In mid-August, CivSource reported on a Medicaid modernization effort underway in Iowa. That project was notable because the state picked four contractors to do the work but did not pick Magellan Health, which had been managing the state’s Medicaid system for decades. At the time, some bidders on the project that didn’t get picked said they planned to challenge the award. Today, the Des Moines Register released the results of its own investigation, which tells as much about the open records process as it does on this project.
The investigation was the result of a growing controversy around the contract award. The move by Governor Branstad will effectively privatize Medicaid management in Iowa, and the companies chosen each have records of mismanagement of similar programs in other states. This has prompted some officials to question the legality of moving toward privatization with these contractors.
The Des Moines Register requested the original bid documents to do its own comparison. According to the findings revealed in the paper, several of the contractors responded to the public records request with heavily redacted documents prompting the state to re-release the information. In the first round, even the names of company executives were redacted. In the second version, the state released clearer documents, but the differences between the two releases show just how far private companies will go to shroud their business relationships.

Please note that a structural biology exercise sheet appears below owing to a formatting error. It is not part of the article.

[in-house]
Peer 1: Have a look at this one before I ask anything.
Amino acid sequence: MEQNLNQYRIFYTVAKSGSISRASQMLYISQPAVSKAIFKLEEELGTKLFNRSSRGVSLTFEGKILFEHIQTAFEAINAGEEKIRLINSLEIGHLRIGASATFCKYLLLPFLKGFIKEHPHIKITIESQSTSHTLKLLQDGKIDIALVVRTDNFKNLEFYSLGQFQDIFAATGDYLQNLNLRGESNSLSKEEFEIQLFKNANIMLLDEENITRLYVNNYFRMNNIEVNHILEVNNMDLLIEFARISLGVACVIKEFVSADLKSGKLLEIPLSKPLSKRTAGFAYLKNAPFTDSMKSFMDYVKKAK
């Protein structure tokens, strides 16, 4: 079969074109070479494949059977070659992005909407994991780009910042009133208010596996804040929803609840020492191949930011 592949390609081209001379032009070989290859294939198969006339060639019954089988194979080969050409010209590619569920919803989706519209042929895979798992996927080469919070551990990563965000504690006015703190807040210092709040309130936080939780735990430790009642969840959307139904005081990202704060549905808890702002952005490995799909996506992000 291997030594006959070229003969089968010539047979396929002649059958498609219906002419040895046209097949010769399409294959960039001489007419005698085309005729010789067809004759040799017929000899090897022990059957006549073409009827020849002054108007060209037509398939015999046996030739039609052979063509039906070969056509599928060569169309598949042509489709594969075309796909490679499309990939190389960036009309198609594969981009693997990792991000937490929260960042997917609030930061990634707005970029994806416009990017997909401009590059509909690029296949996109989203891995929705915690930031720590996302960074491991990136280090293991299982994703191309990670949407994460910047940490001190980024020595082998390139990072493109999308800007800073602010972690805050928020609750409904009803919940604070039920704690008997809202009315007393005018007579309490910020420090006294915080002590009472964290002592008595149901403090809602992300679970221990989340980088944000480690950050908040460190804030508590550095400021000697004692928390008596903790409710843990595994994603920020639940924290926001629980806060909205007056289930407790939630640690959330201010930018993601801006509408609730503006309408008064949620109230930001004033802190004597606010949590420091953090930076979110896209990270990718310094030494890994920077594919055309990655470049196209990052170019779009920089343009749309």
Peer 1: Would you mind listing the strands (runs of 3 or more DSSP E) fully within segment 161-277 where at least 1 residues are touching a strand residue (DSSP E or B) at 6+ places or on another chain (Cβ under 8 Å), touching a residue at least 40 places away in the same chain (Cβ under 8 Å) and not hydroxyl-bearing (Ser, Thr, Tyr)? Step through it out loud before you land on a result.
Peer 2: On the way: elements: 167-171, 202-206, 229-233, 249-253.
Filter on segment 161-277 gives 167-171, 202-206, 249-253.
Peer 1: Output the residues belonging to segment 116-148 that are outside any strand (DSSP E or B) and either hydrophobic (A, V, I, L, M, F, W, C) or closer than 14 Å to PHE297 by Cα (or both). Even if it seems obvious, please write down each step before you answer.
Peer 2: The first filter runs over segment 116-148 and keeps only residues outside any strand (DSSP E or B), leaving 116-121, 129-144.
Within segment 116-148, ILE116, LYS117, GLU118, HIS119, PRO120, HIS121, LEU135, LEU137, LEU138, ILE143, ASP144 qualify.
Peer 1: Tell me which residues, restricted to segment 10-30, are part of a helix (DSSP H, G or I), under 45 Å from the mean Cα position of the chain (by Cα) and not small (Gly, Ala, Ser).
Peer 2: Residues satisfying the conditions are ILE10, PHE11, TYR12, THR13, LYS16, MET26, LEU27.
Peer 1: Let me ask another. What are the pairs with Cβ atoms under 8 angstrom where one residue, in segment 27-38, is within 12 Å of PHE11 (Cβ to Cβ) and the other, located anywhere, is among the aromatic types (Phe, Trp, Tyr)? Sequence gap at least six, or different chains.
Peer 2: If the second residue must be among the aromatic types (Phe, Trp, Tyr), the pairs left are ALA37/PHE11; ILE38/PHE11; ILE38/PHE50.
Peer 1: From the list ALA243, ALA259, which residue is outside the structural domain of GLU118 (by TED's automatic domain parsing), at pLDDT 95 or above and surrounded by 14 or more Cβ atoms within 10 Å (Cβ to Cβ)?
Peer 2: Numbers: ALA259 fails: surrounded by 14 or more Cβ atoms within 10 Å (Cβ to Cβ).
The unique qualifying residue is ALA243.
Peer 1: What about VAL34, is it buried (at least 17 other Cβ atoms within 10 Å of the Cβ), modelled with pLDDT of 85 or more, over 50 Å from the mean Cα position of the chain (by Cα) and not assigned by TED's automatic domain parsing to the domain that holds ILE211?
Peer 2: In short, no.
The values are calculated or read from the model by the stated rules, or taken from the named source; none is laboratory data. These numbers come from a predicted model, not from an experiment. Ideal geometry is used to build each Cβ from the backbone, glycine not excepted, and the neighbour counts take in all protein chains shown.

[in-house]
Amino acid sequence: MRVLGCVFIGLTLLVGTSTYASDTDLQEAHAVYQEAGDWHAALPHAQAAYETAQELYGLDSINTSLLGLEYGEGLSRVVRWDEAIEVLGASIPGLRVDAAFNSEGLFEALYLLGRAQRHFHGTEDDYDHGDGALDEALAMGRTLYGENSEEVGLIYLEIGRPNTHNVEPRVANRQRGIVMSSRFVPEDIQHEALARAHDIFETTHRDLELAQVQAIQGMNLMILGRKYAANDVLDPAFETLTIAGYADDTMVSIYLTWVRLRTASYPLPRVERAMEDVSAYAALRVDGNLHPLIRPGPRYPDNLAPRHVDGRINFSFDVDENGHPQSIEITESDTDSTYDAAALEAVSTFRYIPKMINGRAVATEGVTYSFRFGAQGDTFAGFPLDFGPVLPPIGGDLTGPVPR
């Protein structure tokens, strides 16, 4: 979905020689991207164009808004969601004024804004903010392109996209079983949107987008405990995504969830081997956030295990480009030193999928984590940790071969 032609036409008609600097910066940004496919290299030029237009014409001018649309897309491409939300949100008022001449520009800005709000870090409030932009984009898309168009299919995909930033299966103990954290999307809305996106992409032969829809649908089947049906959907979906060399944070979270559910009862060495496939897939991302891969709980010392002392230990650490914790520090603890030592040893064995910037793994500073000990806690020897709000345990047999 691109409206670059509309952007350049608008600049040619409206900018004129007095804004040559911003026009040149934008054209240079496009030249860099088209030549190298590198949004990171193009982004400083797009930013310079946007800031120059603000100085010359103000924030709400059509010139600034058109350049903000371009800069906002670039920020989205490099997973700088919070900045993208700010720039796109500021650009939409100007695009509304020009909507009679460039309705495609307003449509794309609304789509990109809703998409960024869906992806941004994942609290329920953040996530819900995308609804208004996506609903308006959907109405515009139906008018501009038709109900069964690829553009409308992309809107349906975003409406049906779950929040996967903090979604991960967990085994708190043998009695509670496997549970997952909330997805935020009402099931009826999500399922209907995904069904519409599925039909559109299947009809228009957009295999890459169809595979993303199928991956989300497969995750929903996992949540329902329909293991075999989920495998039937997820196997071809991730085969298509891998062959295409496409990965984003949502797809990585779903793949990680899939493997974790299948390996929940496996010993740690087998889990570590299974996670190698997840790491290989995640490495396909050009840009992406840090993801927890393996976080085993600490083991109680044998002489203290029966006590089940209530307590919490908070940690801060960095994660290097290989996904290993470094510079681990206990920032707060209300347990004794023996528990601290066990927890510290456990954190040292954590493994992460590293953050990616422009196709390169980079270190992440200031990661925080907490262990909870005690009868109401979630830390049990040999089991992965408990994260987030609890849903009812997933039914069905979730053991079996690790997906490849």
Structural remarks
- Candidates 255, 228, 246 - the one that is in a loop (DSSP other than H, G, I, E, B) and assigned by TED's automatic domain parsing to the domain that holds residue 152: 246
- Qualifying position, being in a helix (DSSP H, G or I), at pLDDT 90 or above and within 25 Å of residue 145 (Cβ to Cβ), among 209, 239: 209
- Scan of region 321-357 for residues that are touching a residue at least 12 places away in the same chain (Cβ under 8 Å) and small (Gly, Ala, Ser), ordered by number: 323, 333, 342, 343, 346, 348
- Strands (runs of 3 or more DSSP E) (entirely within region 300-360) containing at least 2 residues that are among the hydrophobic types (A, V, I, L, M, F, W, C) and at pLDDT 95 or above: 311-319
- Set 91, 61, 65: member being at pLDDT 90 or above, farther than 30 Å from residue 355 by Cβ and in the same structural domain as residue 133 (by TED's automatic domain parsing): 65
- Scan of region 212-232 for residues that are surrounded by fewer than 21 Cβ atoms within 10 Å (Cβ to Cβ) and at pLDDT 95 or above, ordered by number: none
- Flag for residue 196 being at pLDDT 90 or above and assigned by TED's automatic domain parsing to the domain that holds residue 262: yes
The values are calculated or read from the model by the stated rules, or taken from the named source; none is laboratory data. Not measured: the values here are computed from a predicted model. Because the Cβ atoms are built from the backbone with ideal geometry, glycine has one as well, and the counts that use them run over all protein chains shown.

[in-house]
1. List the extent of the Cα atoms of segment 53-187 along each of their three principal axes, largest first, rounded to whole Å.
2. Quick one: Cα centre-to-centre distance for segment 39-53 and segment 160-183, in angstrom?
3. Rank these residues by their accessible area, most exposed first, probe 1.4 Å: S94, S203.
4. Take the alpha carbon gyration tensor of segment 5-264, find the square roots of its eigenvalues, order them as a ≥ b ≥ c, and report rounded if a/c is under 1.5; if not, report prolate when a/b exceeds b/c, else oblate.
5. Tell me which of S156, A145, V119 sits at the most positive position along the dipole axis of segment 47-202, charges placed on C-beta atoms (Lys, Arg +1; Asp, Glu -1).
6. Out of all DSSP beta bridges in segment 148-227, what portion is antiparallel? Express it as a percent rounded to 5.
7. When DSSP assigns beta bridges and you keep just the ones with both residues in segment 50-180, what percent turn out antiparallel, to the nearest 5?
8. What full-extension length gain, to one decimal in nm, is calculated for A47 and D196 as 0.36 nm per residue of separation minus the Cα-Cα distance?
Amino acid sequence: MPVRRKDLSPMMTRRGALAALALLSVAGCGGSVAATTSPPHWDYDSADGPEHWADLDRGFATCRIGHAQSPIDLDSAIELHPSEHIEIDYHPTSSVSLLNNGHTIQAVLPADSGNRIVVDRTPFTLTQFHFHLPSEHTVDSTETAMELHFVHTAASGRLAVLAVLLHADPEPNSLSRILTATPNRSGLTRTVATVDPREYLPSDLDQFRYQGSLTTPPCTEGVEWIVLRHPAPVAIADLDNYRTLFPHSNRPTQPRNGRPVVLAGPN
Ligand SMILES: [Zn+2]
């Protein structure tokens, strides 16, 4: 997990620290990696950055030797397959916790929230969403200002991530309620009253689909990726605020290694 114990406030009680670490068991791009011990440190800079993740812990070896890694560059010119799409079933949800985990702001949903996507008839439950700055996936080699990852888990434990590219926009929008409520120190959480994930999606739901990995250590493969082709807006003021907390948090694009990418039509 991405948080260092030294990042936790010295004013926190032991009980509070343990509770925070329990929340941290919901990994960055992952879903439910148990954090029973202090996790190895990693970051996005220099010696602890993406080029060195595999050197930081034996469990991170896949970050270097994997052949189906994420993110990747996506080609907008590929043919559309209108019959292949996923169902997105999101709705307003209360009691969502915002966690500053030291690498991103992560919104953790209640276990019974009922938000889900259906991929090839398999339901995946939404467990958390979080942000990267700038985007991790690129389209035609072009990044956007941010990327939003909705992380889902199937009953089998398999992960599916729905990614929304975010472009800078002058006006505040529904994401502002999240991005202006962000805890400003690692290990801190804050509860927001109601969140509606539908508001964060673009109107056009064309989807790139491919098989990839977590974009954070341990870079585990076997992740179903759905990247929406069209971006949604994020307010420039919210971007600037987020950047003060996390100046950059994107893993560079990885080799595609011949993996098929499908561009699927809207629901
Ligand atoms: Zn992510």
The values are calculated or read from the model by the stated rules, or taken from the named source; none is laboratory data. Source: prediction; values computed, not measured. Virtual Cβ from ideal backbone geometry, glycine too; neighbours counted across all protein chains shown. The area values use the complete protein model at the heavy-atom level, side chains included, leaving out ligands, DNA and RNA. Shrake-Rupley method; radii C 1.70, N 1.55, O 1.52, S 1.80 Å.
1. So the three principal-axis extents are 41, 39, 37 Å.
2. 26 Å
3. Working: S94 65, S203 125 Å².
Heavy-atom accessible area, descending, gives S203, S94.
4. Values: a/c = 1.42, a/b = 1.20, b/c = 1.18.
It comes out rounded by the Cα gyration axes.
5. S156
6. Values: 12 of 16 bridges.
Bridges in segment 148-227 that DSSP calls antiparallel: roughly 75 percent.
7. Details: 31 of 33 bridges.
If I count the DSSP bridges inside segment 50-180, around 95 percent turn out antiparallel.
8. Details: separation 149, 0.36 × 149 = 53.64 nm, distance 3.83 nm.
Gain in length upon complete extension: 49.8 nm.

According to the piece:
The company with greatest number of redactions was Amerigroup, another successful bidder. The Register found that 892 pages of its 2,186-page bid were initially missing from its “public folder” and another 125 pages were either completely or partially redacted.
Much of the previously redacted information was generic in nature. Included were statements such as “We will work closely with DHS as we implement to ensure compliance with all regulatory requirements.
According to Iowa law, private companies can hold back information they think impacts trade secrets or is otherwise sensitive. The public has a right to challenge those redactions, but that requires a cumbersome court-based process that may be out of reach for many individuals and organizations. The state is reviewing fixes to this process, but nothing has been recommended yet. Watch this space, and read the full Des Moines Register article here.